This message is targetted particularly to my fellow Christians who recognise and practice the religious aspect of Christmas. Do not let the secular aspects that dominate contemporary Christmas blind you from your reverence, devotion, and remembrance for which you celebrate Christmas. Hang your lights, decorate your tree, and sing your tunes. But remember that we do so because Christ’s birth and ultimate sacrifice allows us so. He lit up the darkness, redeemed the name of man, and so we sing praises to his name.
“For God so loved the world, that he gave his only Son, that whoever believes in him should not perish but have eternal life. For God did not send his Son into the world to condemn the world, but in order that the world might be saved through him. “
“But when the set time had fully come, God sent his Son, born of a woman, born under the law, to redeem those under the law, that we might receive adoption to sonship.”
With the myths, origins, and siginificance concerning Christmas wrapped up, let us return to our original thesis - how did Thailand end up incorporating and accepting the Christmas festival as our own? Especially because Thailand is a majority Buddhist nation - but there in lies the key.
Like how Thais readily took to the adoption of Chinese New Year as their own, the prevalence of Buddhism and its open-mindedness allows for many religions and their festival to be practiced by its followers with little issue. Therevada Buddhism as practiced in Thailand nowadays has aspects of Brahm-Hindu, Chinese/Daoist, and many other religious and cultural components blended into the greater Buddhist narrative at large. Although Christianity’s beliefs are largely incompatible with that of Buddhism, Buddhism’s open acceptance to difference does not prohibit the celebration of a festival as iconic to the world as Christmas. In addition, the globalised secular version of Christmas that has been popularised in the 1980’s is how Christmas is practiced globally for the most part. This consumerist approach to ‘Christmas’ blends perfectly with the Thai love for ‘Sanook’ and enjoyment - aspects that are fundamental to us Thais. The salient religious undertone of Christmas is lost in this Thai practice, something that is lamentable (personal opinion, everyone benefits from the presence of Christ in their lives) All that matters to the Thai celebrators is there’s an opportunity and a time to party and party they shall; embodying the festive spirit promulgated by the secularist consumerist Christmas that has come to dominate the globe.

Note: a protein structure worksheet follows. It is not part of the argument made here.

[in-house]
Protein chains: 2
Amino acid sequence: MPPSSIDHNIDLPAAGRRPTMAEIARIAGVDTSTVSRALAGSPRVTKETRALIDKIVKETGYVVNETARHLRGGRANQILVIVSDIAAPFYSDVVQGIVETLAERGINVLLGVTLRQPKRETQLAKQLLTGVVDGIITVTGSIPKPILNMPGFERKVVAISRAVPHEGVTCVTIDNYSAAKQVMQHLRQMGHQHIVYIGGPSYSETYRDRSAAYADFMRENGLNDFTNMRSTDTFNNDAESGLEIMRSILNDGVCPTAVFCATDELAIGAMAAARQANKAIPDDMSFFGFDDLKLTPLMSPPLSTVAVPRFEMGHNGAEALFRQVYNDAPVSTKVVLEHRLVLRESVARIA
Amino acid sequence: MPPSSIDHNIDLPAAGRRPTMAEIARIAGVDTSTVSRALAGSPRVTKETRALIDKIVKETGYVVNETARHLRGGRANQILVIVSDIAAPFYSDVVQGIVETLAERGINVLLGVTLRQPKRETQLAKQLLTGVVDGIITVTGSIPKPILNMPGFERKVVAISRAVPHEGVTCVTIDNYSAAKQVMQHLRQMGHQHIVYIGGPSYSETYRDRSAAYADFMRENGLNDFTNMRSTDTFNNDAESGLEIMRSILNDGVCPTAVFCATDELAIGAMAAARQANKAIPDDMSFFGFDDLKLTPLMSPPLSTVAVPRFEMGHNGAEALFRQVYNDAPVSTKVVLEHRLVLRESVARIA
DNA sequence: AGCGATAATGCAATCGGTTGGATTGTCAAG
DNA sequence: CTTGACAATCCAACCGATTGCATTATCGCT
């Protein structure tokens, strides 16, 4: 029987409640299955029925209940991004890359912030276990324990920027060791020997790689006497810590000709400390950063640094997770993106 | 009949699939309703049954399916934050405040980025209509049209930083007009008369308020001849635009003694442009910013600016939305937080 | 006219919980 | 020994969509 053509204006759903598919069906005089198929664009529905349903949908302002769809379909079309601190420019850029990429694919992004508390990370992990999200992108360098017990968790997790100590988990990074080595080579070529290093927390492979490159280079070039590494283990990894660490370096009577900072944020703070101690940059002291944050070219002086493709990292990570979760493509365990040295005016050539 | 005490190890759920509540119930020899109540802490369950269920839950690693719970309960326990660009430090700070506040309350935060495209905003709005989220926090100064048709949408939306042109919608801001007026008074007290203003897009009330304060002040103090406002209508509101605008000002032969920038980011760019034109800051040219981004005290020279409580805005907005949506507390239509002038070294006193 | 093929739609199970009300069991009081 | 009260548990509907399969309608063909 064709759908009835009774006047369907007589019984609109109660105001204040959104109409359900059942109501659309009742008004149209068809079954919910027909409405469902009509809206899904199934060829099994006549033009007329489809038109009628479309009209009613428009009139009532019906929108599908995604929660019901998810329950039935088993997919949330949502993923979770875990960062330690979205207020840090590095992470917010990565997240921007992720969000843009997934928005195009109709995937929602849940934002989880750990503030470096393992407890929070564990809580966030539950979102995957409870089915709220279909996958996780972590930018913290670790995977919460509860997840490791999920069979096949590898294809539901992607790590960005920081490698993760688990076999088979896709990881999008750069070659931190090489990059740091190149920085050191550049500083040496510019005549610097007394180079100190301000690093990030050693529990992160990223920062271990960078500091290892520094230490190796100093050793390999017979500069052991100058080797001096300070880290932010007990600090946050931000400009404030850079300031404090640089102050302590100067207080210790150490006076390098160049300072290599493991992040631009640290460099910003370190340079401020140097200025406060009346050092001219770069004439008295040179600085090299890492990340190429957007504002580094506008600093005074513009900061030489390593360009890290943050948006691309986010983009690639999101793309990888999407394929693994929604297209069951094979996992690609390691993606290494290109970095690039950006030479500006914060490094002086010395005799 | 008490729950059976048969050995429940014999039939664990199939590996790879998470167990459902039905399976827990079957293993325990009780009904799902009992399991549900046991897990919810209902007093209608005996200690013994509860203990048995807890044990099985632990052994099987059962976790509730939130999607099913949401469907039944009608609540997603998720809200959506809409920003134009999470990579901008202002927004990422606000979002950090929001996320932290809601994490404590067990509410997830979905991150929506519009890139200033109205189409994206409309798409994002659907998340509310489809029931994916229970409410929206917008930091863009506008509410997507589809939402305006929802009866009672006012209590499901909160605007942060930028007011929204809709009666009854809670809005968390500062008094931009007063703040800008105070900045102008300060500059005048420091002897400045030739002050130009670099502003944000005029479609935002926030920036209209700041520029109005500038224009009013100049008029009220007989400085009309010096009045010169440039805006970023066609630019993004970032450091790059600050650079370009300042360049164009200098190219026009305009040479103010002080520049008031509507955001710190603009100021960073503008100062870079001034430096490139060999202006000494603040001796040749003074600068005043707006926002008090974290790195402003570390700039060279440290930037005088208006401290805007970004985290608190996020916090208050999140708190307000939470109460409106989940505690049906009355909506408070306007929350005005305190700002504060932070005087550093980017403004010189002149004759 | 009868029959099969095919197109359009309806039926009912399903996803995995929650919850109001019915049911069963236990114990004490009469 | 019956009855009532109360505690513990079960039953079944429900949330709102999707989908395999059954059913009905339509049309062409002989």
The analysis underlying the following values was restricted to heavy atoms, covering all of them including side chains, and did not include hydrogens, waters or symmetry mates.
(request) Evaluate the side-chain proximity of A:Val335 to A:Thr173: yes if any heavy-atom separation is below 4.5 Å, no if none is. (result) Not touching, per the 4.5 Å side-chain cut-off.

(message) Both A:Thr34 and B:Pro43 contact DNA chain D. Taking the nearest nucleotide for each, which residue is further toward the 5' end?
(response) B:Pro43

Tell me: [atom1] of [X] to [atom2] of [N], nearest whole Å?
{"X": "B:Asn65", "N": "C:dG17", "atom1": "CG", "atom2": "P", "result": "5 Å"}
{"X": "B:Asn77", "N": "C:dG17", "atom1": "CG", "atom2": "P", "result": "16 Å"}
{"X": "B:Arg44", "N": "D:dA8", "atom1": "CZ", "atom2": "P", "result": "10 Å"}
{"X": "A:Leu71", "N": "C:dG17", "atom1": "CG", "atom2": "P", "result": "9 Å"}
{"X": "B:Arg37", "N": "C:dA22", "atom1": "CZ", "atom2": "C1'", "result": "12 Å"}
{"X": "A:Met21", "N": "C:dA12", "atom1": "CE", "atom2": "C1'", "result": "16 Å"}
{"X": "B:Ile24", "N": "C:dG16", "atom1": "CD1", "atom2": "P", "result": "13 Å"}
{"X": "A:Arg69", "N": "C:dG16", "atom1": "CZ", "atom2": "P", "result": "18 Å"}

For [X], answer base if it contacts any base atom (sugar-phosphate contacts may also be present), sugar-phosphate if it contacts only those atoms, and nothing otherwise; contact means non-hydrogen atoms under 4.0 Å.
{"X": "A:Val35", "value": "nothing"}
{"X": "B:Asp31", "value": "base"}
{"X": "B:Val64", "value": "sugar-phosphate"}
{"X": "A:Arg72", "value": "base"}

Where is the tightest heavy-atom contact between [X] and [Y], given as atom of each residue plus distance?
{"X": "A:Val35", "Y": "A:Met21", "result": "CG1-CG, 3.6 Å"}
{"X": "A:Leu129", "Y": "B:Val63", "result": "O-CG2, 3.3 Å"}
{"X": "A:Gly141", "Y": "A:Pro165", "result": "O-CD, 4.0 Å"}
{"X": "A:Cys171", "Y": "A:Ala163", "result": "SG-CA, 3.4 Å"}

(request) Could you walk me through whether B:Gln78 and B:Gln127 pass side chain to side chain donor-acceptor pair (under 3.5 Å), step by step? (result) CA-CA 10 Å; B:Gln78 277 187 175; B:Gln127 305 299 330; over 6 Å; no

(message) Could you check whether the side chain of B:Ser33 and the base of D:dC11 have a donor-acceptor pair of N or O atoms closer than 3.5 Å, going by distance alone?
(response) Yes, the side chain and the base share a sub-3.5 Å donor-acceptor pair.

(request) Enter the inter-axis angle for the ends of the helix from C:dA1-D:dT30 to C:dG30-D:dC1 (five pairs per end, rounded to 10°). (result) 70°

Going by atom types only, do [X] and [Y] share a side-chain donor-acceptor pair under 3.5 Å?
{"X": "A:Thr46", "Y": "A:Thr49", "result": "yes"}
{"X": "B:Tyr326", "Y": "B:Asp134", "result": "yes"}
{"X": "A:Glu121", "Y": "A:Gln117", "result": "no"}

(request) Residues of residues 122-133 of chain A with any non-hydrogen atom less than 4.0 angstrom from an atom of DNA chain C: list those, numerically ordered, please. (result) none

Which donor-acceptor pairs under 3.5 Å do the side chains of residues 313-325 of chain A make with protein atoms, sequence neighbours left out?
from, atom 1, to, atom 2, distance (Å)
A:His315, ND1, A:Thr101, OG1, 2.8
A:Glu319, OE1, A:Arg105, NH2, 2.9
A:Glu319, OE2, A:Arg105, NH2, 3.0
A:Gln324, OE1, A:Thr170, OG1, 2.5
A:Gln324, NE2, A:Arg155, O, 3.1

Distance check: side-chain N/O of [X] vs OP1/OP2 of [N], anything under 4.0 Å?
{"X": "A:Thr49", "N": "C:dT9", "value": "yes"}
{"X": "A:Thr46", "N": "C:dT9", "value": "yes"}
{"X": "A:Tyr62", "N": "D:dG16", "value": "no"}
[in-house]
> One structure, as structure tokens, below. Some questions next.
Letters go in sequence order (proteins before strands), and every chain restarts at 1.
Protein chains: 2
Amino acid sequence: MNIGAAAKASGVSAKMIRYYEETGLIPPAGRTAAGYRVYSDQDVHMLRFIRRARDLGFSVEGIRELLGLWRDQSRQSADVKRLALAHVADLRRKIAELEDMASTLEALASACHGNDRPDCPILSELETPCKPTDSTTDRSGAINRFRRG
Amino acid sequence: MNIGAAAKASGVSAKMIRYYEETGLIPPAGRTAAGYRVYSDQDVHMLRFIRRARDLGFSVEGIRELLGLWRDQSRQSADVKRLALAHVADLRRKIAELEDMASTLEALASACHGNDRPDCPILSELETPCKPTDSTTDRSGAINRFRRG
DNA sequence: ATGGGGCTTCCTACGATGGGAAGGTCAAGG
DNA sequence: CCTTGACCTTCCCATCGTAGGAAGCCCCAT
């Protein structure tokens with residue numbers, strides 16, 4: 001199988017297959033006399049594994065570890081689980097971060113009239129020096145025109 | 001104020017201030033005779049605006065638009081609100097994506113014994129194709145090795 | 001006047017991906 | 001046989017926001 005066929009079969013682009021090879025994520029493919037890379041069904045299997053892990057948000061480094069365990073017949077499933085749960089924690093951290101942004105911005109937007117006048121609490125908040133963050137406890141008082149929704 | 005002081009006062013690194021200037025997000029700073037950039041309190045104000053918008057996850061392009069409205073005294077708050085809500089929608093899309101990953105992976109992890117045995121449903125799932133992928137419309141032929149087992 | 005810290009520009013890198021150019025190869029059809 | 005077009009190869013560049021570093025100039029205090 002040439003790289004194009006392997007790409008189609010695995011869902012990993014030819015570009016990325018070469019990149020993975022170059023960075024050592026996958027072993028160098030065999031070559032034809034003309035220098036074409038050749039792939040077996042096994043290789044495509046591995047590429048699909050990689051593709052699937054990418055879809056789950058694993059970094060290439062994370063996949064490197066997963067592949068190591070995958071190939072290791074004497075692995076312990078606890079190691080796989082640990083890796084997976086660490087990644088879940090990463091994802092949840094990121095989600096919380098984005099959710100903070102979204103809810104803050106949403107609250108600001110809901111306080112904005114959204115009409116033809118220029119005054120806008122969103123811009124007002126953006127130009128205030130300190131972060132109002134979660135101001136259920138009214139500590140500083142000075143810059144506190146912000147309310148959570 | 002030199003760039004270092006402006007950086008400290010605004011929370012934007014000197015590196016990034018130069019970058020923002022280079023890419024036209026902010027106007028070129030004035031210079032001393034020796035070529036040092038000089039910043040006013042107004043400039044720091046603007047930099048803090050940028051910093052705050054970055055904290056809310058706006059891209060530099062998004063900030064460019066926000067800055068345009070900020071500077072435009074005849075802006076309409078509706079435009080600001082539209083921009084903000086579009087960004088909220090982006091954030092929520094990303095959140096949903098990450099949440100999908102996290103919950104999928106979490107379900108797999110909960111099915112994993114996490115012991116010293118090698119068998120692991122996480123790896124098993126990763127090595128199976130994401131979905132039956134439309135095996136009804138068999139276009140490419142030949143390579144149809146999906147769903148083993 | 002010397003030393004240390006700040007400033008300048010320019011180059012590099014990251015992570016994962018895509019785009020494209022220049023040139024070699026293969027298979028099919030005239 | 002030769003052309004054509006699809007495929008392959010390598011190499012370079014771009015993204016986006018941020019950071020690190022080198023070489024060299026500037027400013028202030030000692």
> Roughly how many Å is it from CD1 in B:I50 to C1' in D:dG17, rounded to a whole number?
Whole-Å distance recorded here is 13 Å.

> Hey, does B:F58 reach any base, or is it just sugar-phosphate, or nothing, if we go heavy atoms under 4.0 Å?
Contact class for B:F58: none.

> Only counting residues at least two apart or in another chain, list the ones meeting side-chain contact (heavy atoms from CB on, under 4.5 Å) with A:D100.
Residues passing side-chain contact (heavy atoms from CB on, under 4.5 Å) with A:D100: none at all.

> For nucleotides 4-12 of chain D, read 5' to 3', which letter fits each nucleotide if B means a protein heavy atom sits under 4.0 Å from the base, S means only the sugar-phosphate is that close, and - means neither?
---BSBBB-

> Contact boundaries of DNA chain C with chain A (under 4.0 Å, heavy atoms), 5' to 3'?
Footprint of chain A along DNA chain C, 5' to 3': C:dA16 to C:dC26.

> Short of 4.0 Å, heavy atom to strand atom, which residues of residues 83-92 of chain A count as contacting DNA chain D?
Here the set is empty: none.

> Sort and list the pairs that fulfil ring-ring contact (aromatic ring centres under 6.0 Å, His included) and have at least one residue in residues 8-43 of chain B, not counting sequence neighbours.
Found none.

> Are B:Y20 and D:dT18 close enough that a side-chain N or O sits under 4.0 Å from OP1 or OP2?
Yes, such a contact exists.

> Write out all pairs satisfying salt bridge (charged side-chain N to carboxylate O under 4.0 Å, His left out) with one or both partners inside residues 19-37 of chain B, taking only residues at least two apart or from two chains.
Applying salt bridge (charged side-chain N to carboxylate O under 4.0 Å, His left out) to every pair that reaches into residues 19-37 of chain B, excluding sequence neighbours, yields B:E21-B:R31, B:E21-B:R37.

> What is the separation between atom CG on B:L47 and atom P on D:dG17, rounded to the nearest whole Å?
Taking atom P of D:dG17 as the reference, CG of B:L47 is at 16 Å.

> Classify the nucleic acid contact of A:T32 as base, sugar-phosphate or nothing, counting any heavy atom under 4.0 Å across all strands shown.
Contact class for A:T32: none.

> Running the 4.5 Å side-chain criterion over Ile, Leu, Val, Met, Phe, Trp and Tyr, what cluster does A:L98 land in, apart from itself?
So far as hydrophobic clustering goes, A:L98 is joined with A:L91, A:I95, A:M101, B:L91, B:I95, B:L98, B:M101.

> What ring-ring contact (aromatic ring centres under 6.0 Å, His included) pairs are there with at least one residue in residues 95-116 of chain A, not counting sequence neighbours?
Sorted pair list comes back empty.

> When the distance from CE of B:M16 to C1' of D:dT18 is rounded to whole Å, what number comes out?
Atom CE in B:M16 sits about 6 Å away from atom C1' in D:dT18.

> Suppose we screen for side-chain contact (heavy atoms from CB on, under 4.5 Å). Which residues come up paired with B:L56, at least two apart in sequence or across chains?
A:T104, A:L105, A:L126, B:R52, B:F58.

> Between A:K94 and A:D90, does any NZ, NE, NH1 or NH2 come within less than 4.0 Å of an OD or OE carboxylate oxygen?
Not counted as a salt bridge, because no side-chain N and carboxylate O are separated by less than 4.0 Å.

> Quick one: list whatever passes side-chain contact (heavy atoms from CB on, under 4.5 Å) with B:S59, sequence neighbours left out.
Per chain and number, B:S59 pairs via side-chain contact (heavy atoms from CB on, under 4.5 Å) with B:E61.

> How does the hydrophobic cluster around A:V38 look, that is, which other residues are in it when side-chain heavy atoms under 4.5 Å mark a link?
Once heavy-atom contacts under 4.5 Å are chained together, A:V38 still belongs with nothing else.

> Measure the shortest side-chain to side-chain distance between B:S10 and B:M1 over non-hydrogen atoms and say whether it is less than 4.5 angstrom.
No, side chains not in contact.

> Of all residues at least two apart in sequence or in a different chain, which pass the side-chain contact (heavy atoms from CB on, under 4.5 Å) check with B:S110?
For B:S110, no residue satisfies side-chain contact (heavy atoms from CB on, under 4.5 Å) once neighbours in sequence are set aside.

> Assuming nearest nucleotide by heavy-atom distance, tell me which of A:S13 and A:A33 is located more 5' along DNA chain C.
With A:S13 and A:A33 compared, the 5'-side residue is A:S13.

Sigh. If only Christmas was also federally recognised as a holiday too… But I suppose that is up to me to turn that measly 10% of Thai Christians into a number that would substantiate change ;)
Santa Claus (B O N U S !):
So what then, of the origin of the ever popular, fat, jolly, cookie-loving children’s hero, Santa Claus? How did this figure supercede Christmas’s intended purpose of celebrating of humanity’s saviour? And how did the jolly old fat grandfatherly figure manage to sideline the birthday boy himself?
He needs no introduction. A figure so iconic and forever associated with the festive season. He comes at dead of night, on a sled pulled by seven reindeer, handing out presents to children, and crossing off his list. The childhood enigma and fascination behind Santa Claus is something that I’m certain most children have taken part in - willingly or not, mostly the latter; we didn’t exactly know any better lol.
Saint Nicholas, or better known as Santa Claus was based off a real Christian saint by the same name. Saint Nicholas of Myra is the patron saint of many, including but not limited to; sailors, merchants, archers, repentant thieves, brewers, pawnbrokers, and students. But of all these, he is first and foremost the most well known for being the patron saint of children. Saint Nicholas was known for his piety and generosity. Many of his stories tell of him rescuing children from calamity and returning them to their families; do you see the familiarity now? Omitting the cookie craving, chimney climbing, reindeer herding - this is the originator of the Santa Claus we all know and love today. As for his name, Santa Claus is an anglicised version of ‘Sint Nikolaas’, shortened to ‘Sinter Klaas’, is Dutch for Saint Nicholas. Santa Claus draws from the Sinter Klaas.